• a) lepton number, b) charge
  • a) baryon number, b) charge
slide26
Given the identification of the particles in Figure (b), what is the direction of the external magnetic field in Figure (a)? {image}
  • Into the page.
  • Out of the page.
  • Impossible to determine.
consider the following decay image what conservation laws are violated by this decay
Consider the following decay: {image} What conservation laws are violated by this decay?
  • Energy.
  • Electric charge.
  • Baryon number.
  • Angular momentum.
  • No conservation laws.
doubly charged baryons such as the image are known to exist doubly charged mesons also exist
Doubly charged baryons, such as the {image} are known to exist. Doubly charged mesons also exist.
  • True
  • False
slide29

1.

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4.

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5.

Occasionally, high-energy {image} -leptons collide with muons and produce two neutrinos according to the reaction {image} . What kind of neutrinos are these?

  • {image} and {image}
  • {image} and {image}
  • {image} and {image}
  • {image} and {image}
  • {image} and {image}
  • {image} and {image}
slide30

1.

2.

3.

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5.

One of the mediators of the weak interaction is the {image} boson, whose mass is {image} . Use this information to find the order of magnitude of the range of the weak interaction.

  • {image}
  • {image}
  • {image}
  • {image}
  • {image}
calculate the range of the force that might be produced by the virtual exchange of a image meson

1.

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5.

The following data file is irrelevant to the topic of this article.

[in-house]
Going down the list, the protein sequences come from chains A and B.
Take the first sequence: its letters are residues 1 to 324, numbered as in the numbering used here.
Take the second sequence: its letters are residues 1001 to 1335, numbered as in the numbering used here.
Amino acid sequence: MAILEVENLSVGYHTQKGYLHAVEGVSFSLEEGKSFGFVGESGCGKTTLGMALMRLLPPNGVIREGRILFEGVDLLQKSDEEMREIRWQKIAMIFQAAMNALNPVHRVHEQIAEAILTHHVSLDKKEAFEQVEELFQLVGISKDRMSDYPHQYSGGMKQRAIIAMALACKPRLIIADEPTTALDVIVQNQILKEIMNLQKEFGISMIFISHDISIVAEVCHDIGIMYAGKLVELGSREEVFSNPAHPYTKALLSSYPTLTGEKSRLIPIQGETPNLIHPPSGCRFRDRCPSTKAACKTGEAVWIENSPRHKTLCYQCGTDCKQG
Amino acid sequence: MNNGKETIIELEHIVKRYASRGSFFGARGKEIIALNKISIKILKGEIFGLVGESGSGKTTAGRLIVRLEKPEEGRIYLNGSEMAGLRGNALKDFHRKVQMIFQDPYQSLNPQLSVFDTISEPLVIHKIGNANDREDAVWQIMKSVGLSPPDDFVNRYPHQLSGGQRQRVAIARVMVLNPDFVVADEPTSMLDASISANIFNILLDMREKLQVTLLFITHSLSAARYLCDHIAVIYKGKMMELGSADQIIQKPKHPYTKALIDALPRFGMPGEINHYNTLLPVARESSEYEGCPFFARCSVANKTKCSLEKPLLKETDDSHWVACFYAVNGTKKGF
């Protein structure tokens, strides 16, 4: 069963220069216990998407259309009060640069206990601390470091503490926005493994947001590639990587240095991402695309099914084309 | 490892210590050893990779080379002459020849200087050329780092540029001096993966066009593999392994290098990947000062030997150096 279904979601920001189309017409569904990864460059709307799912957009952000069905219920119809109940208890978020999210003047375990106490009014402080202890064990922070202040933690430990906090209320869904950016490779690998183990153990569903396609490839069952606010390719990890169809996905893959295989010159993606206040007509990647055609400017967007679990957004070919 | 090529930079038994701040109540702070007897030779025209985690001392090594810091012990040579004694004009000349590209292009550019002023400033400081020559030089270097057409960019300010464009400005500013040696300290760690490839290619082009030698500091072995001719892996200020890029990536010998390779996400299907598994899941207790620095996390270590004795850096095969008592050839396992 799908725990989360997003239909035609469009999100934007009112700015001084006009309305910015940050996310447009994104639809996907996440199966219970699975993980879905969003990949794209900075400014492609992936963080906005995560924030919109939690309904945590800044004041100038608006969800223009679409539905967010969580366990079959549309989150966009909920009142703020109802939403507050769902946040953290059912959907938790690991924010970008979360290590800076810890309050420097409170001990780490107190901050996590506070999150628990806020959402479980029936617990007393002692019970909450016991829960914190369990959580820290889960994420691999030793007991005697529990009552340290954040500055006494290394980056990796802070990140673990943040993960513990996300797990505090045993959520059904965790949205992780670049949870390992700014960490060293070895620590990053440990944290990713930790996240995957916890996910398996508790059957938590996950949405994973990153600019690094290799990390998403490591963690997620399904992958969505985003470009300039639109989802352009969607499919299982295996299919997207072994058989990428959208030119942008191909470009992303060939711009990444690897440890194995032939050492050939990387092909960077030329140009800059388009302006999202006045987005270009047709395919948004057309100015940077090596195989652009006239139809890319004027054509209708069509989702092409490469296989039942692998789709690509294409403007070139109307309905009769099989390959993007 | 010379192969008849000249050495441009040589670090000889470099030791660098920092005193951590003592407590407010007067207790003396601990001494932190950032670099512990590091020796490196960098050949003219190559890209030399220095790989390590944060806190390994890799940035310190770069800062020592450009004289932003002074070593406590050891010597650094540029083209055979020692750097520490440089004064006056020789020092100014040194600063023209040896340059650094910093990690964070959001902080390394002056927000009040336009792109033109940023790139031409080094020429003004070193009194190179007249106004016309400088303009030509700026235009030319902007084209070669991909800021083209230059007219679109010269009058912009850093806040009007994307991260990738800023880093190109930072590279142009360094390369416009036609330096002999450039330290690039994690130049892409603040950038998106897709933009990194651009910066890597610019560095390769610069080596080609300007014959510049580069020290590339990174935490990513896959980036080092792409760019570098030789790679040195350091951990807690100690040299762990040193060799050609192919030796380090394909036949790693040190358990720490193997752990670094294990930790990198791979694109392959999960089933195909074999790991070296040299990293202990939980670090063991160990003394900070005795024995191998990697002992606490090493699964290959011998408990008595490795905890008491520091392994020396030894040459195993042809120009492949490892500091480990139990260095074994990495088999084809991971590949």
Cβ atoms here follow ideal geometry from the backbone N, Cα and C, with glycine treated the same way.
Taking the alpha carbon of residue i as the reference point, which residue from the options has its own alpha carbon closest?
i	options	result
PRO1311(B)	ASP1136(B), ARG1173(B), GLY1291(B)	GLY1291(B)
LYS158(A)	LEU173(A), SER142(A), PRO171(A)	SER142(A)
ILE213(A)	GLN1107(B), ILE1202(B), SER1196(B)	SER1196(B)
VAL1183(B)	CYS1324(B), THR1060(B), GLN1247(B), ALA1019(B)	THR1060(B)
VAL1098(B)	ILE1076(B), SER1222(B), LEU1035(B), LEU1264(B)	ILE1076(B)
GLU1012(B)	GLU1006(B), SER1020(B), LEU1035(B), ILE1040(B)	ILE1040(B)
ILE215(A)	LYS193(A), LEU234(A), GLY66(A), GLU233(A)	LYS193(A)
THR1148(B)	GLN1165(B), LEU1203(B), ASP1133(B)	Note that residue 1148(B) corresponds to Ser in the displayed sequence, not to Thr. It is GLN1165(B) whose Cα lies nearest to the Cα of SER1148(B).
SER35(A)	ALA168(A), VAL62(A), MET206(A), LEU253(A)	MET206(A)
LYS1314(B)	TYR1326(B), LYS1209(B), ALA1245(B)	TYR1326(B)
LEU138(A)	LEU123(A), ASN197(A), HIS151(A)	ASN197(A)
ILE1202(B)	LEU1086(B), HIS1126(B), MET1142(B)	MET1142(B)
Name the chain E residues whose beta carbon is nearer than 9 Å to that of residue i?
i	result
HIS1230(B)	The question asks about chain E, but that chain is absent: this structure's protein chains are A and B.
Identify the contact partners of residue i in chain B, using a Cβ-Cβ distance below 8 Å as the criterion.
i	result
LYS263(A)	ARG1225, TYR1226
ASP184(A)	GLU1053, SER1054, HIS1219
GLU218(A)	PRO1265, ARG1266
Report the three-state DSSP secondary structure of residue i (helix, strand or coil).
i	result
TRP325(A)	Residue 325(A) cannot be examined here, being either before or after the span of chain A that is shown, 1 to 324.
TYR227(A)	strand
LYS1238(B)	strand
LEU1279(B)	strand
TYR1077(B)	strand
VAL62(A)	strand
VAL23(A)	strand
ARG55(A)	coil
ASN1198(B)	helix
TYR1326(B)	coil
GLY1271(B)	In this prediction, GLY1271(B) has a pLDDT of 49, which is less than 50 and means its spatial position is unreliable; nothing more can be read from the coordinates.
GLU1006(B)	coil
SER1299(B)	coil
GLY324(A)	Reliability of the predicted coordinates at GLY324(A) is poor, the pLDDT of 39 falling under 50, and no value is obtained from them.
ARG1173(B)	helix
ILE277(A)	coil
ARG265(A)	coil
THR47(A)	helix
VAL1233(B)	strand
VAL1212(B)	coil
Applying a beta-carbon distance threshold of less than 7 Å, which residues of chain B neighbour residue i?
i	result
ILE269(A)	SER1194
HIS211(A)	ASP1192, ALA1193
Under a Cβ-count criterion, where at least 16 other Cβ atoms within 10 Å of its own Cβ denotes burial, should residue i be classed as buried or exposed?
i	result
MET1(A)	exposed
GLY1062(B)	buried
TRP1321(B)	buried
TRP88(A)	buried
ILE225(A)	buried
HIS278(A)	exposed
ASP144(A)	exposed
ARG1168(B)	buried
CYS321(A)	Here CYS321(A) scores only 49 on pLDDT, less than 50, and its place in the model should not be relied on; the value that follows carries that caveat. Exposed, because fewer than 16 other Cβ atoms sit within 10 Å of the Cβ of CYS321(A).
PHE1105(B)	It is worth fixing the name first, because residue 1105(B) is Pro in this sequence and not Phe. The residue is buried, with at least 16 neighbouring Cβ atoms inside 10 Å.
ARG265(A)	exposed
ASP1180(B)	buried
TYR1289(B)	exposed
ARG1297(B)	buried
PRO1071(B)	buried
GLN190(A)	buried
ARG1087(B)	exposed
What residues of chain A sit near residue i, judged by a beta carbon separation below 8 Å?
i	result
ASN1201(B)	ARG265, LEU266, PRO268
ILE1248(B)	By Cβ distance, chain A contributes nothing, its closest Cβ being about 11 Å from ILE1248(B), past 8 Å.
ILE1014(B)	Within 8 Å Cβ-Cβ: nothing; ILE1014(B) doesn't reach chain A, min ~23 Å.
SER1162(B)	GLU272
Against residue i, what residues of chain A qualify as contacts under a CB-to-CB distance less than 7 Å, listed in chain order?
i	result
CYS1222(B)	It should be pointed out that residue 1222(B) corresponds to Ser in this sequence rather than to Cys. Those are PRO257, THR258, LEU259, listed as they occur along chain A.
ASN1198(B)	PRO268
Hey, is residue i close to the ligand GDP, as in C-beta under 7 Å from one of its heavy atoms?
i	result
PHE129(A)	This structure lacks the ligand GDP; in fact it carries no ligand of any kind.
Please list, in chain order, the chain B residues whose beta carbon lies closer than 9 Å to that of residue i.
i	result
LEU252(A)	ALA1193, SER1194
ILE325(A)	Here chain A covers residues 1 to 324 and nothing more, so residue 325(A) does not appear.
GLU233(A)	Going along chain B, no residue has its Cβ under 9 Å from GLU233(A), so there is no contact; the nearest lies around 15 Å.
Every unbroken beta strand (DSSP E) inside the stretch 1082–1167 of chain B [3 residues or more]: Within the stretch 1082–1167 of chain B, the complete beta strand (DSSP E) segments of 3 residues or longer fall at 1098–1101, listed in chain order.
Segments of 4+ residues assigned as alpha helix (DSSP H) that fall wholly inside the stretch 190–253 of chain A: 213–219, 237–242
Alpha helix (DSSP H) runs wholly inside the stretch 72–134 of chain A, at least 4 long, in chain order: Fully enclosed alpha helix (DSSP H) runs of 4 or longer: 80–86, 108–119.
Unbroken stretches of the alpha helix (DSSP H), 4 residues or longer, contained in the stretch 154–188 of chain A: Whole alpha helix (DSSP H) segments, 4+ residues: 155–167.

6.

Calculate the range of the force that might be produced by the virtual exchange of a {image} meson.
  • {image}
  • {image}
  • {image}
  • {image}
  • {image}
  • {image}
slide32

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When a high-energy {image} meson traveling near the speed of light collides with a nucleus, it travels an average distance of {image} before interacting. From this information, find the order of magnitude of the time interval for the strong interaction to occur.

  • {image}
  • {image}
  • {image}
  • {image}
  • {image}
identify the unknown particle on the right side of the following reaction image

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Identify the unknown particle on the right side of the following reaction. {image}
  • {image}
  • {image}
  • {image}
  • {image}
  • {image}
slide34

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2.

3.

4.

5.

The first of the following two reactions may occur, but the second cannot. Which conservation law does the second reaction violate? {image} {image}

  • {image}
  • strangeness
  • charge
  • {image}
  • baryon number
slide35

1.

2.

3.

4.

5.

A {image} particle traveling through matter strikes a proton. A {image} and a gamma ray emerge, as well as a third particle. Use the quark model of each to determine the identity of the third particle.

  • {image}
  • {image}
  • {image}
  • {image}
  • {image}
slide36

1.

2.

3.

4.

5.

Review problem. Supernova Shelton 1987A, located about 170,000 ly from the Earth, is estimated to have emitted a burst of neutrinos carrying energy {image} (see the figure). Suppose the average neutrino energy was 6 MeV and your body presented cross-sectional area {image} To an order of magnitude, how many of these neutrinos passed through you? {image}

  • {image}
  • {image}
  • {image}
  • {image}
  • {image}
slide37

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2.

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5.

4.

The energy flux carried by neutrinos from the Sun is estimated to be on the order of {image} at Earth's surface. Estimate the fractional mass loss of the Sun over {image} due to the emission of neutrinos. (The mass of the Sun is {image} The Earth - Sun distance is {image} )

  • {image}
  • {image}
  • {image}
  • {image}
  • {image}
slide38

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2.

3.

4.

5.

Two {image} particles approach each other head on, each with 68.3 MeV of kinetic energy, and engage in a reaction in which a {image} and negative pion emerge at rest. What third particle, obviously uncharged and therefore difficult to detect, must have been created?

  • {image}
  • {image}
  • {image}
  • {image}
  • {image}